The perfect balance of safety and value.

Tempered glass reduces the potential for danger or injury if broken. This versatile and affordable material is a universal building code requirement for shower enclosures, windows, doors, walls, and many other commercial and residential applications.

Tempering is a thermal process that creates exterior compression and internal tension, resulting in a glass that is four to five times stronger than annealed glass. If breakage occurs, it crumbles into thousands of small chunks, rather than splintering into shards. At Vectra, all tempering is done in-house, which translates to savings and shortened delivery lead times for our customers.

Tempering Specs
max. width (in/m)84 in / 2134 mm
max. length (in/m)163 in / 4140 mm
min. diagonal dim. (in/mm)10 in / 250 mm
min surface compression10,000 psi
min edge compression9,700 psi
increased strength over annealed4 times greater
standard ANSI Z97.1

Fast tempering facts and frequently asked questions:


Vectra’s tempered glass is SGCC Certified and has a safety logo which is permanently etched into the glass in compliance with federal regulations. Our current label, shown in the example above, has our Company Name [VECTRA GLASS TM],  Type of Safety Glass [in this case, TEMPERED], the federal safety standard [Consumer Products Safety Commission number (CPSC) 16 CFR 1201 II], ANSI Code of Federal Regulations and Canadian National Building Code standards, Certified Thickness – “U”= Unlimited for flat glass, followed by the ANSI impact Class “A”, and our SGCC Number.

The Safety Glazing Certification Council (SGCC) is the largest independent third party that inspects and tests tempered glass to confirm that the manufacturing process of the product is the same as it was when tested. The SGCC is a voluntary organization which insures all manufacturers and fabricators are complying with the laws that govern these products. Satisfactory participation in the Council allows the etching of the SGCC logo permanently onto the glass as notification that the glass has been properly produced and is truly safety glass.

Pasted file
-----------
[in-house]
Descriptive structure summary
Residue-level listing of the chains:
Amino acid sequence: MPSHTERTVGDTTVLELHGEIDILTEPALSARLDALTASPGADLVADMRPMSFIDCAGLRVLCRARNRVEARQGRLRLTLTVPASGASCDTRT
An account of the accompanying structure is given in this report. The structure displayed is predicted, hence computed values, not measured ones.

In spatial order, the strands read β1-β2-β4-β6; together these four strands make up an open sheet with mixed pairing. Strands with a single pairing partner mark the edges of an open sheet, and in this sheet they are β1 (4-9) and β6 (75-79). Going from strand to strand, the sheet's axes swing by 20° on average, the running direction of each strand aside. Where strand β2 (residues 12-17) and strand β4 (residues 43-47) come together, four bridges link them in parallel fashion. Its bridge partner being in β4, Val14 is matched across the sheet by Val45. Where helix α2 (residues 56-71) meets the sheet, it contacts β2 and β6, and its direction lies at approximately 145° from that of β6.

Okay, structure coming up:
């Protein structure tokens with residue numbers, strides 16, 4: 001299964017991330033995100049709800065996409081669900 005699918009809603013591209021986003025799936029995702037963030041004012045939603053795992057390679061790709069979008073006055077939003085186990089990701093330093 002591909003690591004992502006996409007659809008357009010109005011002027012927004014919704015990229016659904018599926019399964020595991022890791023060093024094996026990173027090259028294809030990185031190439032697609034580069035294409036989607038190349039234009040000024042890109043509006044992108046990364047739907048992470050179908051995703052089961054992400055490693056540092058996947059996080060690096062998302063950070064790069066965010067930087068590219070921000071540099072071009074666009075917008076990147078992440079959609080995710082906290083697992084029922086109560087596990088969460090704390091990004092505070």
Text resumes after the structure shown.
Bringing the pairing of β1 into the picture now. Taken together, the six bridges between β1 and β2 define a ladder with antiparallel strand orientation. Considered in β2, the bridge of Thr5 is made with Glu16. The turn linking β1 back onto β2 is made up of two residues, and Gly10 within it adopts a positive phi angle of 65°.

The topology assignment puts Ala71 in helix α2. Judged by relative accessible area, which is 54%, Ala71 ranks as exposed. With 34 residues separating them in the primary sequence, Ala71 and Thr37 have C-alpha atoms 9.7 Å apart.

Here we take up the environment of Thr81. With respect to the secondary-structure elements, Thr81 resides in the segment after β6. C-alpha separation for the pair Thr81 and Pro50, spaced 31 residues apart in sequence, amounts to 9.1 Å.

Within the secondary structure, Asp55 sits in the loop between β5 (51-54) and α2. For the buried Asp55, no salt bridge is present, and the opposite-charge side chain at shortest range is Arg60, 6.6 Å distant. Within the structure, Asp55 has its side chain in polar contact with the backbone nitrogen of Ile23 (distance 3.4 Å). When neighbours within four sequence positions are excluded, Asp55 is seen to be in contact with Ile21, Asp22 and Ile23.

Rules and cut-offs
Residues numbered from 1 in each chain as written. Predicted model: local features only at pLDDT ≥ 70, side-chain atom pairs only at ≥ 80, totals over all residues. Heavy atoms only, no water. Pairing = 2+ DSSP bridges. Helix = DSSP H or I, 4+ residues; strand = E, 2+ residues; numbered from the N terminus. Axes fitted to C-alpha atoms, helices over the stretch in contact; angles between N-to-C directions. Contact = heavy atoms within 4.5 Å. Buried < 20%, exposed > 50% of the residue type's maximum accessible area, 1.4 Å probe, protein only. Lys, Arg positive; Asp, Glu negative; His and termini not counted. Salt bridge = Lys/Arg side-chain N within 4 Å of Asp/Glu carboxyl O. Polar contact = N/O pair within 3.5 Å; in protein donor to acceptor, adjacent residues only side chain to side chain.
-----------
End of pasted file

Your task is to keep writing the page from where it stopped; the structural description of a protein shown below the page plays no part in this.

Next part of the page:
Vectra Glass has established internal quality standards with the goal of achieving very high-quality tempered glass. Within our manufacturing process is built-in hourly testing which monitors breakout patterns, compression levels and optical glass performance to ensure we are always in compliance to not only meet, but exceed federal specifications for both ASTM C1036 and C1048.

Please note: NO LOGO is possible under special conditions and must be discussed during the quote and ordering process.

The Vectra Glass team is skilled in manufacturing custom tempered glass that offers more tensile strength (bendability) and wind resistance. Federal safety glazing law requires the use of safety glass in defined hazardous locations. Interpretations of federal standards and requirements for safety architectural glass can vary by governing states and municipalities. In general, here are some of the areas and rules where the International Building Code requires the use of tempered glass:

  • Glass façades and building envelope
  • Architectural glass applications
  • Commercial building entrance systems
  • Bath and shower enclosures
  • All doors – both interior and exterior, including sidelights and/or any glazing next to an opening for human passage
  • Windows in bath and shower areas
  • Any glazed panel greater than 9 ft.² (0.8 m²)
  • Areas where the top edge of the glass is  more than 36 in. (914.4 mm) above the floor with human traffic
  • Where the nearest exposed edge is within 24 in. (0.609 m) of the vertical edge of a door
  • Where the bottom exposed edge is < 6 in. (1.54 m) above the walking surface
  • Floor-to-ceiling partition walls
  • Dividers and mobile partitions
  • Stair railings
  • Balustrades
  • Reception surfaces
  • Canopies
  • Backsplashes